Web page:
Snow and Ice - Real-time
The cryosphere (areas covered by ice, snow, glaciers, or permafrost) is an extremely dynamic part of the global system. Changes in the seasons and climate bring great changes to the extent of Earth's cryosphere. Using satellite data allows scientists to keep a continual eye on these areas.
Infrared and microwave data from multiple satellites including the NOAA's GOES Imager and POES AVHRR, US Air Force DMSP/SSMI, and EUMETSAT MSG/SEVIRI sensors is combined to create these daily maps of global snow and ice cover of the planet. Using multiple datasets provides relatively high spatial resolution (about 4 km/pixel) daily maps in all weather conditions. Light blue areas indicate sea ice extent, whereas white colors indicate all other areas of the cryosphere. This SOS dataset is updated on a daily basis in near real-time.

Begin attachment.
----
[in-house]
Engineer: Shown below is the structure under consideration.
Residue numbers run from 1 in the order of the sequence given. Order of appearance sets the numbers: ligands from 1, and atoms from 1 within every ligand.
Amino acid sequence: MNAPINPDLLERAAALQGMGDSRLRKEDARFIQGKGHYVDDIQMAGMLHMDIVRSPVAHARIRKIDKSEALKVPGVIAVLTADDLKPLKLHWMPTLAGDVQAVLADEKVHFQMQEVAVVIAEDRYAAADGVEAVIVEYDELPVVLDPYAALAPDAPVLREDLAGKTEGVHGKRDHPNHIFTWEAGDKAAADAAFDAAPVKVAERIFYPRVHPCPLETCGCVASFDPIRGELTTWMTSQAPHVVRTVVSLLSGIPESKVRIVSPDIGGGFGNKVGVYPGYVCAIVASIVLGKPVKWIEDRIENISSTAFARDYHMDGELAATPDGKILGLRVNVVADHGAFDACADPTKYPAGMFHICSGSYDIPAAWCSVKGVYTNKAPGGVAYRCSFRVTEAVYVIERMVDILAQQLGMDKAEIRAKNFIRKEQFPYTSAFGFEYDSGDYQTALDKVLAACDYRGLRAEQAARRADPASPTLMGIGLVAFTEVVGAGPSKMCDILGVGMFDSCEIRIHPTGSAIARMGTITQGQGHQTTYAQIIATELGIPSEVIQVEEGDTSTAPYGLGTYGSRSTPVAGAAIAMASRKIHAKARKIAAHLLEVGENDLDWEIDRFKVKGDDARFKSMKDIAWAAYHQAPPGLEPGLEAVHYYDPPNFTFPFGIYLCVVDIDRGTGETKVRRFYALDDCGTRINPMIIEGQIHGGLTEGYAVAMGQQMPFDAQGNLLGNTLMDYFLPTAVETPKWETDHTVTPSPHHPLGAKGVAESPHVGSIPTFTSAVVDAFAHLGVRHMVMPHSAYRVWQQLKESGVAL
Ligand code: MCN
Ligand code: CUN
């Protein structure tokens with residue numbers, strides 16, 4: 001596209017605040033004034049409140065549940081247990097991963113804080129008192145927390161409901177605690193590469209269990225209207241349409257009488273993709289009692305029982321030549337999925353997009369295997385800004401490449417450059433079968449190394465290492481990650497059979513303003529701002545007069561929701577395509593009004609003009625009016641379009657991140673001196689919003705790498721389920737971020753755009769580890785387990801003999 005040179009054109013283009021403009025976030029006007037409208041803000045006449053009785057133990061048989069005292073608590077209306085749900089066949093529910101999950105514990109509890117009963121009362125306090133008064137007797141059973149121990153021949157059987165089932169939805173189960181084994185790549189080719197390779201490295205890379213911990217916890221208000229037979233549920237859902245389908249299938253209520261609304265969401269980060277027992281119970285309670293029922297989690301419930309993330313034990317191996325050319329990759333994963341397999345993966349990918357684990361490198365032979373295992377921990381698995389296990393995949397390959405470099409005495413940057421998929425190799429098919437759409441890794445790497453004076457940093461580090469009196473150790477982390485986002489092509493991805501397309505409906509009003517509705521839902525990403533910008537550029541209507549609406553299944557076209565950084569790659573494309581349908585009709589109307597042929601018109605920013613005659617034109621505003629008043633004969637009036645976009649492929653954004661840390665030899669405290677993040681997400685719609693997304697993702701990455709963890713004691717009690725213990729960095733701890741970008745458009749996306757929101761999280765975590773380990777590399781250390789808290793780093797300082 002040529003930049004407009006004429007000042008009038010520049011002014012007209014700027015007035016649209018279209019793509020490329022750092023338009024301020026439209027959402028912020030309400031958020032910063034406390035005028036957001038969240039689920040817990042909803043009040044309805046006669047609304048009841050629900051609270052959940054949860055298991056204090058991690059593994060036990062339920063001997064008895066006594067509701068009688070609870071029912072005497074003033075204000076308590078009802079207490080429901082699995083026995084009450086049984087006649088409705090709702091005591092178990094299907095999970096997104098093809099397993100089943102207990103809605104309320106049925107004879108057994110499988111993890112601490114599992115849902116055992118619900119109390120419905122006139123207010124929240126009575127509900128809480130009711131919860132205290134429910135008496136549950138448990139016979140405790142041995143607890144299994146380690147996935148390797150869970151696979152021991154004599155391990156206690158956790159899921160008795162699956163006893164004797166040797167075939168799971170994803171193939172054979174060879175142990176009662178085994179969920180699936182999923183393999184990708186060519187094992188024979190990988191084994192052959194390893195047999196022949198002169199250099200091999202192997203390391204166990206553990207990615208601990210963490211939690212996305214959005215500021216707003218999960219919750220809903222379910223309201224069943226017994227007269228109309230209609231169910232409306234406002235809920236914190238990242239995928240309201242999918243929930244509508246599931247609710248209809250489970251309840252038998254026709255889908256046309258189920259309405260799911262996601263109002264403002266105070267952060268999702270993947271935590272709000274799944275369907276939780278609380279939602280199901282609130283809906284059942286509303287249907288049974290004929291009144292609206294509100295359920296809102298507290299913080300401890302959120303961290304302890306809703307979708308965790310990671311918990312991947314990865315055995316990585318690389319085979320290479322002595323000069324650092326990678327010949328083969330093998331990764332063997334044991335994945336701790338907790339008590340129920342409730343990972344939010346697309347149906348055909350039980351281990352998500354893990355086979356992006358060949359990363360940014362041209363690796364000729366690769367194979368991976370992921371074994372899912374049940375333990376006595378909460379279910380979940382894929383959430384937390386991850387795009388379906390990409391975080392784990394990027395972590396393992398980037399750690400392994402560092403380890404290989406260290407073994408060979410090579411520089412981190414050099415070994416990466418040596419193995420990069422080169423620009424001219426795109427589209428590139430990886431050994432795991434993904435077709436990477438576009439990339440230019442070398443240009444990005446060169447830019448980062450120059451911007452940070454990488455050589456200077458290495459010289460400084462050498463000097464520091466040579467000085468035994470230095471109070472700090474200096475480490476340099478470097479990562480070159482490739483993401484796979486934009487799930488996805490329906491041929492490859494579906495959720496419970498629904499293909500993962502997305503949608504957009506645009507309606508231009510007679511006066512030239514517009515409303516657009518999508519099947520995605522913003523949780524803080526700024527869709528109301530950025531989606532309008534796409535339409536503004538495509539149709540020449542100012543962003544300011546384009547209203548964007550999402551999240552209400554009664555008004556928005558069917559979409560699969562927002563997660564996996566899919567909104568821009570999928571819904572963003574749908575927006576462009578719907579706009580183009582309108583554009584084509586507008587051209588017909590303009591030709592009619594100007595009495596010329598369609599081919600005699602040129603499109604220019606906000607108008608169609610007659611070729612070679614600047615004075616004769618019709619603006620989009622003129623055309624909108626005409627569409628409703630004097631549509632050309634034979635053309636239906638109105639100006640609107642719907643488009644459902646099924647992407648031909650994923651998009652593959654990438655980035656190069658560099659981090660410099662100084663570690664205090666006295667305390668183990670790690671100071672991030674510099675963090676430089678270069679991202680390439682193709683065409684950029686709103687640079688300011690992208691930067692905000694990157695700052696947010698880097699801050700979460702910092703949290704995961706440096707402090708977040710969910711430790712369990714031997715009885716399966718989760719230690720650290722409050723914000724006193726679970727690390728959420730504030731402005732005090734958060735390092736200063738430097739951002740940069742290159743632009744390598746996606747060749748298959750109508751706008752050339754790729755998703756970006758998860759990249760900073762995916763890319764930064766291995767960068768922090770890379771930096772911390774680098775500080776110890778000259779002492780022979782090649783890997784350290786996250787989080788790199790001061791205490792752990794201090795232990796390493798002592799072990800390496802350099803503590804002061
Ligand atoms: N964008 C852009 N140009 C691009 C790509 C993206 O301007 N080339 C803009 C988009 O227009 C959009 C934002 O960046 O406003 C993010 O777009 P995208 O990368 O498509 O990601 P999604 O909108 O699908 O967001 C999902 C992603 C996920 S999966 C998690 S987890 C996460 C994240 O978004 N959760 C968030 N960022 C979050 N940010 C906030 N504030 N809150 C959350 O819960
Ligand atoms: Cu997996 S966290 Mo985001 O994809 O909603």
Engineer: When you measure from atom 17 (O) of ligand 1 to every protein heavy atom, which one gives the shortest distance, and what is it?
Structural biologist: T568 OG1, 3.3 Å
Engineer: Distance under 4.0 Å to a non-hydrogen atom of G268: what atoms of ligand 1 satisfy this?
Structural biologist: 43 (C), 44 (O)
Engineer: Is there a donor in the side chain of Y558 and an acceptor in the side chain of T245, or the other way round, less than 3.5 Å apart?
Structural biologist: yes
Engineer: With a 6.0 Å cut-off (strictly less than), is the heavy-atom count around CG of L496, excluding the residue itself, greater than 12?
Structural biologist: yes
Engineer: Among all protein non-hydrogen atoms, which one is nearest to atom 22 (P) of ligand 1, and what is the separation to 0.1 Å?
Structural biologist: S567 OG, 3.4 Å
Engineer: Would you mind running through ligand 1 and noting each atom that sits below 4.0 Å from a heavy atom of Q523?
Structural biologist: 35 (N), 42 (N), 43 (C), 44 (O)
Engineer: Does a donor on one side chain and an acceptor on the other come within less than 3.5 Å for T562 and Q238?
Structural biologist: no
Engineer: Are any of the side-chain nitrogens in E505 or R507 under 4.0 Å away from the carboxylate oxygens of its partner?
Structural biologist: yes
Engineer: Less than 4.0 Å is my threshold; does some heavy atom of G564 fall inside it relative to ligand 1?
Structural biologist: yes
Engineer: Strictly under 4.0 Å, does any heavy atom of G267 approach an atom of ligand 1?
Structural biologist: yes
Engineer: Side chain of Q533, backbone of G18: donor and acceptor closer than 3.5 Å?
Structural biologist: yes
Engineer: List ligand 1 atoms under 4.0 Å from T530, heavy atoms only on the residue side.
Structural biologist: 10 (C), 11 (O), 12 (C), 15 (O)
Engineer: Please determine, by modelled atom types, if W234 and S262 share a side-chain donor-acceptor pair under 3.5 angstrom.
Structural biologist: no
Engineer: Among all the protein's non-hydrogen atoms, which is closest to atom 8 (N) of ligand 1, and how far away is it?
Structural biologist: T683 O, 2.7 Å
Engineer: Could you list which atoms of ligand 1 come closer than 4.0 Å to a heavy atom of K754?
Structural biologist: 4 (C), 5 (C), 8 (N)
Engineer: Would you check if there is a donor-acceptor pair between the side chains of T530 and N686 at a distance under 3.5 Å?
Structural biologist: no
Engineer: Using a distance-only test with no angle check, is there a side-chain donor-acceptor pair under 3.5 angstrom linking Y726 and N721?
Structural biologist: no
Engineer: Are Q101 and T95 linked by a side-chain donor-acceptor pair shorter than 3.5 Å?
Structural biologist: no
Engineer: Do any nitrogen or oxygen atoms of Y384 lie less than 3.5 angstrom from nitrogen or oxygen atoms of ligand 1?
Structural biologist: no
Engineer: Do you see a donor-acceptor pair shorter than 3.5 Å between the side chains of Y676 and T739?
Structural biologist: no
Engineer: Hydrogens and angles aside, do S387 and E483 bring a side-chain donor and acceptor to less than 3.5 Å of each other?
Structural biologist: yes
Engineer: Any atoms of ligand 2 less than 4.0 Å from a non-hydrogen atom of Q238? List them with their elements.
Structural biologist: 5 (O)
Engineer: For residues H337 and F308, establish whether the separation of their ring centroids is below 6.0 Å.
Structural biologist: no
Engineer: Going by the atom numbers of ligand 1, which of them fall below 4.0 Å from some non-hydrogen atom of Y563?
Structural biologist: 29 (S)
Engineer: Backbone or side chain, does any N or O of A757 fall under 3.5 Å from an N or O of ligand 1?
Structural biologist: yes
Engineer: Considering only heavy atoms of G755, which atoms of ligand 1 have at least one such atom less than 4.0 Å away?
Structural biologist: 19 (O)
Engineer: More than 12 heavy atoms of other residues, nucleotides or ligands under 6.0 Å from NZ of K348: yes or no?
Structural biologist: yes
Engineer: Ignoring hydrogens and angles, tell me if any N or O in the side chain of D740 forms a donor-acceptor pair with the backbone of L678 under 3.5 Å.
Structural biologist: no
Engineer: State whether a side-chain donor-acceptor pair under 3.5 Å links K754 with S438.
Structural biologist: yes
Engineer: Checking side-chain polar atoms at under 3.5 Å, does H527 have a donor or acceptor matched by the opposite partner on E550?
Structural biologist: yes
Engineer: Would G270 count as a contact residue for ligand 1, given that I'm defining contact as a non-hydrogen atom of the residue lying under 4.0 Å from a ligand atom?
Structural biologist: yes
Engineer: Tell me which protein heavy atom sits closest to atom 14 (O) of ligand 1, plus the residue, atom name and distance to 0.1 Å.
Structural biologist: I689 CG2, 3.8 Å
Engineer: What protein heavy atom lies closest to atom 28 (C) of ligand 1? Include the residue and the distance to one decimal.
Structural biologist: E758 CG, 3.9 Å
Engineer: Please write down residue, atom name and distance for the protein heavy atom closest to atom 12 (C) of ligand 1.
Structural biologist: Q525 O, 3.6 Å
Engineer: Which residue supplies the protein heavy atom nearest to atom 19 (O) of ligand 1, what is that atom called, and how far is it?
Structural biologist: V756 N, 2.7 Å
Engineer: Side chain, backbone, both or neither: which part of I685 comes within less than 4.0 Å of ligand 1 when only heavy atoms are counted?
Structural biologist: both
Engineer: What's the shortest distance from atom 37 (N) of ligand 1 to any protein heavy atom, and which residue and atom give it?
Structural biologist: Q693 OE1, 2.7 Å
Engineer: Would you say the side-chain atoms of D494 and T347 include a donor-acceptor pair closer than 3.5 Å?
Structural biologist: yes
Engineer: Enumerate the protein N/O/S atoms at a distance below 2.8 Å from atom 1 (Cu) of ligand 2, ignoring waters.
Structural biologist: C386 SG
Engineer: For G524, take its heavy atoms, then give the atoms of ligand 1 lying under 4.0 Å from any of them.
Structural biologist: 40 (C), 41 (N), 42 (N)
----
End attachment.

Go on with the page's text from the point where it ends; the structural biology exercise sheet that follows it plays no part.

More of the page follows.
- The seasonal variations are very clear
- During the winter months, the effects of passing snow storms is visible
- In the Northern Hemisphere, the minimum ice concentration occurs in September and the maximum is in March